Monday, July 27, 2009

Sub Ground Imaging offers free geophysics

I'm away in Europe for 6 weeks, so you won't see quite so much of me here. At the moment, I'm doing archaeometry and magnetometry at the Poggio Colla Etruscan site near Florence.

But via the ISAP litserv, and speaking of geophysics, a nice message from Sub Ground Imaging in southern England(superfluous capitalizations removed):

If you are managing an educational or other non-profit archaeological project,
and are interested in our services, please feel free to contact us. We may very
well be both able and willing to assist you. We will consider donating our
geophysics services free of charge to worthy projects that benefit education or
further the knowledge of British Archaeology.

Why as a commercial concern would we do this?That is simple. We ourselves have a keen interest in archaeology and understand the importance of its contribution to the history of our country. We also understand the importance of state of the art techniques and resources being available to educational projects and to non-profit
archaeological groups and societies.If you feel your project could benefit from our assistance please drop us a line with a brief outline of your project. We will be pleased to help any project we feel to be both genuine, and worthy.

Sunday, July 12, 2009

North (by Northwest?)

I often realize I'm behind in my reading when I come across a big idea I've missed. The NY Times recently had a nice piece on the idea of Steve Lekson that Native American cultures of the Southwest were disposed to migrate in a north-south direction. My gut reaction is skepticism - and apparently I'm not the only skeptic. Seems like the number of locations are few, and given geologic and climatic limitations, perhaps it is not surprising that these sites are approximately aligned along cardinal directions. But I'll leave it to Southwestern archaeologists and archaeoastronomers to sort this one out.

Thursday, July 9, 2009

Welcome, Time Team America

I enjoyed watching the first episode of Time Team America on PBS last night. I've never seen the UK show on which it is based. The program has a nice web site, where you can stream last night's show. On yesterday's episode, the team was trying to find evidence for the European colonization of Roanoke Island, North Carolina.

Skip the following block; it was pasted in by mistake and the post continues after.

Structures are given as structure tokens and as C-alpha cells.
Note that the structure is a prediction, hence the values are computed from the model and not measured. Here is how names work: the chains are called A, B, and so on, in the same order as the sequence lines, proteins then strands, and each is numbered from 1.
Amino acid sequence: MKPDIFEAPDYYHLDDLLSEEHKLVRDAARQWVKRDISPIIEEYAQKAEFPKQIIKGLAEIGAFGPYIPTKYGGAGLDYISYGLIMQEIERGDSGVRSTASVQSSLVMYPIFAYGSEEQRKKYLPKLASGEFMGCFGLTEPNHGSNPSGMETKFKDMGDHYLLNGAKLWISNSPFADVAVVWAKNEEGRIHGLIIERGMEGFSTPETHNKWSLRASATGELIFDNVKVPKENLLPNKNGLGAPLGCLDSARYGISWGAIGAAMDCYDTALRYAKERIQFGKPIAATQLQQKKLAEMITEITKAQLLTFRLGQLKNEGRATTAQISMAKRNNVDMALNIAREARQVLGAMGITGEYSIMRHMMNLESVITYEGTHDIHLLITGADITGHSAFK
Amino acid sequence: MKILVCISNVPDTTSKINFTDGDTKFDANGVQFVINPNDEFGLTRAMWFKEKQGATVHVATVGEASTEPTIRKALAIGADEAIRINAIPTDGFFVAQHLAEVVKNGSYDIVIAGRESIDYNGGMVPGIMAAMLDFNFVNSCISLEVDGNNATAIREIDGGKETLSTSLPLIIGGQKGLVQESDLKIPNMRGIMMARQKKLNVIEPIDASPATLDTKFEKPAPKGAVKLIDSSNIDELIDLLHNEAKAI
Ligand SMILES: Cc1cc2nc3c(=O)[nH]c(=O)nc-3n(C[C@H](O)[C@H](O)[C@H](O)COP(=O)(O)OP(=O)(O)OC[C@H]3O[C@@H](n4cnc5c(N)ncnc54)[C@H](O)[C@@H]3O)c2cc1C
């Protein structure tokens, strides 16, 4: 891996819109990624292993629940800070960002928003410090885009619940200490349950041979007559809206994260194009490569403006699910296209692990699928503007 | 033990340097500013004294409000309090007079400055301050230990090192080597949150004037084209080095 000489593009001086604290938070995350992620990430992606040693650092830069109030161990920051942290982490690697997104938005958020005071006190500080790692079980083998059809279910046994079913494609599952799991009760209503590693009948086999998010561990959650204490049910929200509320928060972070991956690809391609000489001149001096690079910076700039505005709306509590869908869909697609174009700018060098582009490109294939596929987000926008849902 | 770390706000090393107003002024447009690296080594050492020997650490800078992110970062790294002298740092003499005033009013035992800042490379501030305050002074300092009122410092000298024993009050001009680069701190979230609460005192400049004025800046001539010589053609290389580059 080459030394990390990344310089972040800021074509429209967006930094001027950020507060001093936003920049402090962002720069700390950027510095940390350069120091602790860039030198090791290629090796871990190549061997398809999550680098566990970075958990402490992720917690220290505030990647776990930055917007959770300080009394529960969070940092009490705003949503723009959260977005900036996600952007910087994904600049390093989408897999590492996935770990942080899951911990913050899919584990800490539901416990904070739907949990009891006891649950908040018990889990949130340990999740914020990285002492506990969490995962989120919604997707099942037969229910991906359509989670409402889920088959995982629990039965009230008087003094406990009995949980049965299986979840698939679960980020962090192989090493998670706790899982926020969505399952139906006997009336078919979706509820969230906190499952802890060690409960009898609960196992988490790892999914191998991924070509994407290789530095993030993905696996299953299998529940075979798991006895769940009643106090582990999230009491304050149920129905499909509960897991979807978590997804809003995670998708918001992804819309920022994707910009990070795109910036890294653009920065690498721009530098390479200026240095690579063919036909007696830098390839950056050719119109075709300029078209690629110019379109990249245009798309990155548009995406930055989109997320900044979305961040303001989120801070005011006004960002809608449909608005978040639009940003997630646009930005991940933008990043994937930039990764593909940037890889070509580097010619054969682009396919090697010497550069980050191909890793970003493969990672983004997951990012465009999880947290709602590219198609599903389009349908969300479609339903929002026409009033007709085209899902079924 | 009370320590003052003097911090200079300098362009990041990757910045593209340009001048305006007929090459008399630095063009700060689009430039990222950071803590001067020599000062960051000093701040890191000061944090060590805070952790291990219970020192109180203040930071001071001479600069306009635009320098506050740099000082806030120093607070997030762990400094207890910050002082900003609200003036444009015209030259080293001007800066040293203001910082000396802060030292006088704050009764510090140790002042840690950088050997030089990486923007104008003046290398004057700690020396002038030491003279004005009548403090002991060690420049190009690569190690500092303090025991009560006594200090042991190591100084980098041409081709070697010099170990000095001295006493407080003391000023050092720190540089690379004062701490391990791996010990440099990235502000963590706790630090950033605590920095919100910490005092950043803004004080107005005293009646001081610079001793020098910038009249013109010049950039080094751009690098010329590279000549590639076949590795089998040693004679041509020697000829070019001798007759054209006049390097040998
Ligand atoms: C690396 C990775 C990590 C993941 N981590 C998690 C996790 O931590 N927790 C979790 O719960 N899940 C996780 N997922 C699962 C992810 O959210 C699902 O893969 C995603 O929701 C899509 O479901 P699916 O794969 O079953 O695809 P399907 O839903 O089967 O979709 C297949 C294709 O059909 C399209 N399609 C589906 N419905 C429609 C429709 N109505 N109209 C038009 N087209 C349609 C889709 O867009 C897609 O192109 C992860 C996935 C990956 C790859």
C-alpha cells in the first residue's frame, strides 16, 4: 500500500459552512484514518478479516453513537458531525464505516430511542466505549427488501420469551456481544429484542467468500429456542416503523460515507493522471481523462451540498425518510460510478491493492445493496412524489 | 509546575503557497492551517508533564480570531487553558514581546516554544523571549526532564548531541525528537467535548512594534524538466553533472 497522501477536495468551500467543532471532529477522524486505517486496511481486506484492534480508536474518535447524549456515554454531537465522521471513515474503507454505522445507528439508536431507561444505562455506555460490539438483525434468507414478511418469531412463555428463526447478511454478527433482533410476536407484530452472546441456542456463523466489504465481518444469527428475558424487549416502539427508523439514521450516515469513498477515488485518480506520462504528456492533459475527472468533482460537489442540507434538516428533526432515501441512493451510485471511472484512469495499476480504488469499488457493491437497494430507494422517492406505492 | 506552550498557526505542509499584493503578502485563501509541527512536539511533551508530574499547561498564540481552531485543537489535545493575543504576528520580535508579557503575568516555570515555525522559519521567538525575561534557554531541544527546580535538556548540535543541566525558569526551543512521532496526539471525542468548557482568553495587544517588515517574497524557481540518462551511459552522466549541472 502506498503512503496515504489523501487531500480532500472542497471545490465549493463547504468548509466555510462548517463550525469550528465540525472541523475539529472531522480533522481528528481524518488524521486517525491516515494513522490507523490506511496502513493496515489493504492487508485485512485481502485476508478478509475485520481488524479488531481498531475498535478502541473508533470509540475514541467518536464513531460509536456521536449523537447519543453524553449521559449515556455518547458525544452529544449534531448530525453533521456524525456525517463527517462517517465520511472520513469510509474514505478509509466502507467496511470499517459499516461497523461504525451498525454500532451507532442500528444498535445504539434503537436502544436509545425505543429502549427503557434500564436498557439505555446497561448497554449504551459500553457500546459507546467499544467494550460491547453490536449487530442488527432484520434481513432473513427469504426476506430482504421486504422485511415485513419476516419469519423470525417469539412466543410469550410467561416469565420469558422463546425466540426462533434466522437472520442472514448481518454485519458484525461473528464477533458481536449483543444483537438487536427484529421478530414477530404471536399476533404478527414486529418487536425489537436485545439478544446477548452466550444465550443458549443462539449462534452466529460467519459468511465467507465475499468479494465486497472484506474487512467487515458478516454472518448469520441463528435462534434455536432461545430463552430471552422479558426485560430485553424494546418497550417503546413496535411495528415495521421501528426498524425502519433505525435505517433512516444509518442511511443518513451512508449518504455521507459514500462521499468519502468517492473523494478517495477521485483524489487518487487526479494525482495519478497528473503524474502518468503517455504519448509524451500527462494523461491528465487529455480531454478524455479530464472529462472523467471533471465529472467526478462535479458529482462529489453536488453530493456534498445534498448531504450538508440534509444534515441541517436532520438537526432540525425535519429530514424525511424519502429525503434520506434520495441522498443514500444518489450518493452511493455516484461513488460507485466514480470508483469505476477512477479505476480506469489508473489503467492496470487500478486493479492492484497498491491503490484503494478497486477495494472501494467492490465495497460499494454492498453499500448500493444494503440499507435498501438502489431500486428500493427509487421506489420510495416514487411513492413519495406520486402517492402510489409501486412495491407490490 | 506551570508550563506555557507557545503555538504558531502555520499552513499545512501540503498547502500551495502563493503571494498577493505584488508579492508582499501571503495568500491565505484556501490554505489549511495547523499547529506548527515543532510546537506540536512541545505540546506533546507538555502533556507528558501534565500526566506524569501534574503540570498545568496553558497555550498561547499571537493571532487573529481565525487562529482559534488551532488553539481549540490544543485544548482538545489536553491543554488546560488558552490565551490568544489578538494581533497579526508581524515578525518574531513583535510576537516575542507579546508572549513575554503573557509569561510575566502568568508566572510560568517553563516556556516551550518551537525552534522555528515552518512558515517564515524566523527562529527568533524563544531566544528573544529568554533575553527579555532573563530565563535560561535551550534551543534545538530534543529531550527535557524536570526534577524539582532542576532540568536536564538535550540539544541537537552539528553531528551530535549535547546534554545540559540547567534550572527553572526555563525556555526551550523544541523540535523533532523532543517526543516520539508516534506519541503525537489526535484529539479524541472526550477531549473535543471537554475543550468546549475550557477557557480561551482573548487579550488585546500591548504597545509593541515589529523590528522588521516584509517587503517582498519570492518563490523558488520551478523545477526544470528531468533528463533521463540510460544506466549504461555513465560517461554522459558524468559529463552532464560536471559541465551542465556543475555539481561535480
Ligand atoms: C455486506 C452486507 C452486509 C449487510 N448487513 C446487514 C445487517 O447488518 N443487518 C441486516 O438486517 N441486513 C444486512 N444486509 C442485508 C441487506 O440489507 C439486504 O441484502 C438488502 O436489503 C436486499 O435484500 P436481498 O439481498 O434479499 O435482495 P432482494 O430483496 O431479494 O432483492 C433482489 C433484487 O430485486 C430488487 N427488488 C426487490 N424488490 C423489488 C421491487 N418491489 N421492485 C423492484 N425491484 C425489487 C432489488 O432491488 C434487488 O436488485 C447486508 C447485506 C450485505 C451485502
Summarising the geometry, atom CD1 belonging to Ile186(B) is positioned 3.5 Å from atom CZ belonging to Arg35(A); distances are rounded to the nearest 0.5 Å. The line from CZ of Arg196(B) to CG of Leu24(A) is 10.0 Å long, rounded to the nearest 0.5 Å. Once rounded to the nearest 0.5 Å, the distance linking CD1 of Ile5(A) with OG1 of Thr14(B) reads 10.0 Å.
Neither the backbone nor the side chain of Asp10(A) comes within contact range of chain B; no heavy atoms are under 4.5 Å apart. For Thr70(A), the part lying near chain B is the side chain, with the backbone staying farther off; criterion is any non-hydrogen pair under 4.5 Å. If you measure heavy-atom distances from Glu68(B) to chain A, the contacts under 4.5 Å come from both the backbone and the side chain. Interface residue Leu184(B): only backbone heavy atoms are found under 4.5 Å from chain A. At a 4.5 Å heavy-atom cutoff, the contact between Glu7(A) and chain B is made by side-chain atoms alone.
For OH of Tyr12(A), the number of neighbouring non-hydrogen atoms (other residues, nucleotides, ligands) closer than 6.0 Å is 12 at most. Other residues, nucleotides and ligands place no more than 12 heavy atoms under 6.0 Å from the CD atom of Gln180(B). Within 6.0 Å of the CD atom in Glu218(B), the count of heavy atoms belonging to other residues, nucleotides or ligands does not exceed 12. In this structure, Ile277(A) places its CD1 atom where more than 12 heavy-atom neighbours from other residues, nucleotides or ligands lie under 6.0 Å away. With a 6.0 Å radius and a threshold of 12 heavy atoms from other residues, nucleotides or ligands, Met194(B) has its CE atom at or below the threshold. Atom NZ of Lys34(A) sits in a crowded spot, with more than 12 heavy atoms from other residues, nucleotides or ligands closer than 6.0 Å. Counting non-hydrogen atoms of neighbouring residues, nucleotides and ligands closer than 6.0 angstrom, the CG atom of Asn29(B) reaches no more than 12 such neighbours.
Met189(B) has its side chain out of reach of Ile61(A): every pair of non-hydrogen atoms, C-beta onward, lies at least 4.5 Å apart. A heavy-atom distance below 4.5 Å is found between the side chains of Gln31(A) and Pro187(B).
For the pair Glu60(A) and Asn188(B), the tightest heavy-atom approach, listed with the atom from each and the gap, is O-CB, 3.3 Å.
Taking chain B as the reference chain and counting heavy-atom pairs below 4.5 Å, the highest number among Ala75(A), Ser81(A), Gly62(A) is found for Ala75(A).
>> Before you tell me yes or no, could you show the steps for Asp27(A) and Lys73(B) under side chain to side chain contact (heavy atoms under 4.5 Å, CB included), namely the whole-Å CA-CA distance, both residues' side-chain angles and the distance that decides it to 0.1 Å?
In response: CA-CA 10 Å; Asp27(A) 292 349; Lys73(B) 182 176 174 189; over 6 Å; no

The show started out with some magnetometry, showing the very Bartington instrument I had been checking out for a proposal yesterday, and Meg Watters, the team geophysicist, running gpr. Personally, I'd explain magnetometry a little differently, but why quibble (except for the fact that I am an academic, so a professional quibbler). The archaeologist at the site was Nick Lucketti, of the First Colony Foundation, whom I did a small archaeomagnetic job for seven years ago. I also met Eric Deetz, another member of the Time Team, on that same trip to the Jamestown area. The show recalled to me some criticism of the Time Team Program that these three-day site visits are not how archaeology works, and I can see that criticism. The finds were relatively slim, although, as Nick said, more European household artifacts than had been found for some years. Still, this seems like a good way to excite the public about the possibilities of archaeology, and the application of scientific methods.

Thursday, July 2, 2009

The Pope as radiocarbon dater

From Times Online
June 29, 2009

"Pope Benedict XVI said last night that bone fragments found inside the tomb of St Paul in Rome had been carbon dated for the first time, 'confirming the unanimous and uncontested tradition that they are the mortal remains of the Apostle Paul'.

"He said that archaeologists had inserted a probe into the white marble sarcophagus under the Basilica of St Paul's Outside the Walls which has been revered for centuries as the tomb of St Paul.

"The pontiff said: 'Small fragments of bone were carbon dated by experts who knew nothing about their provenance and results showed they were from someone who lived between the 1st and 2nd century. This seems to confirm the unanimous and uncontested tradition that these are the mortal remains of Paul the Apostle.'"

From me: Is this the perfect intersection of science and faith? Or is there any chance this could be the bone of a commoner from the first century CE?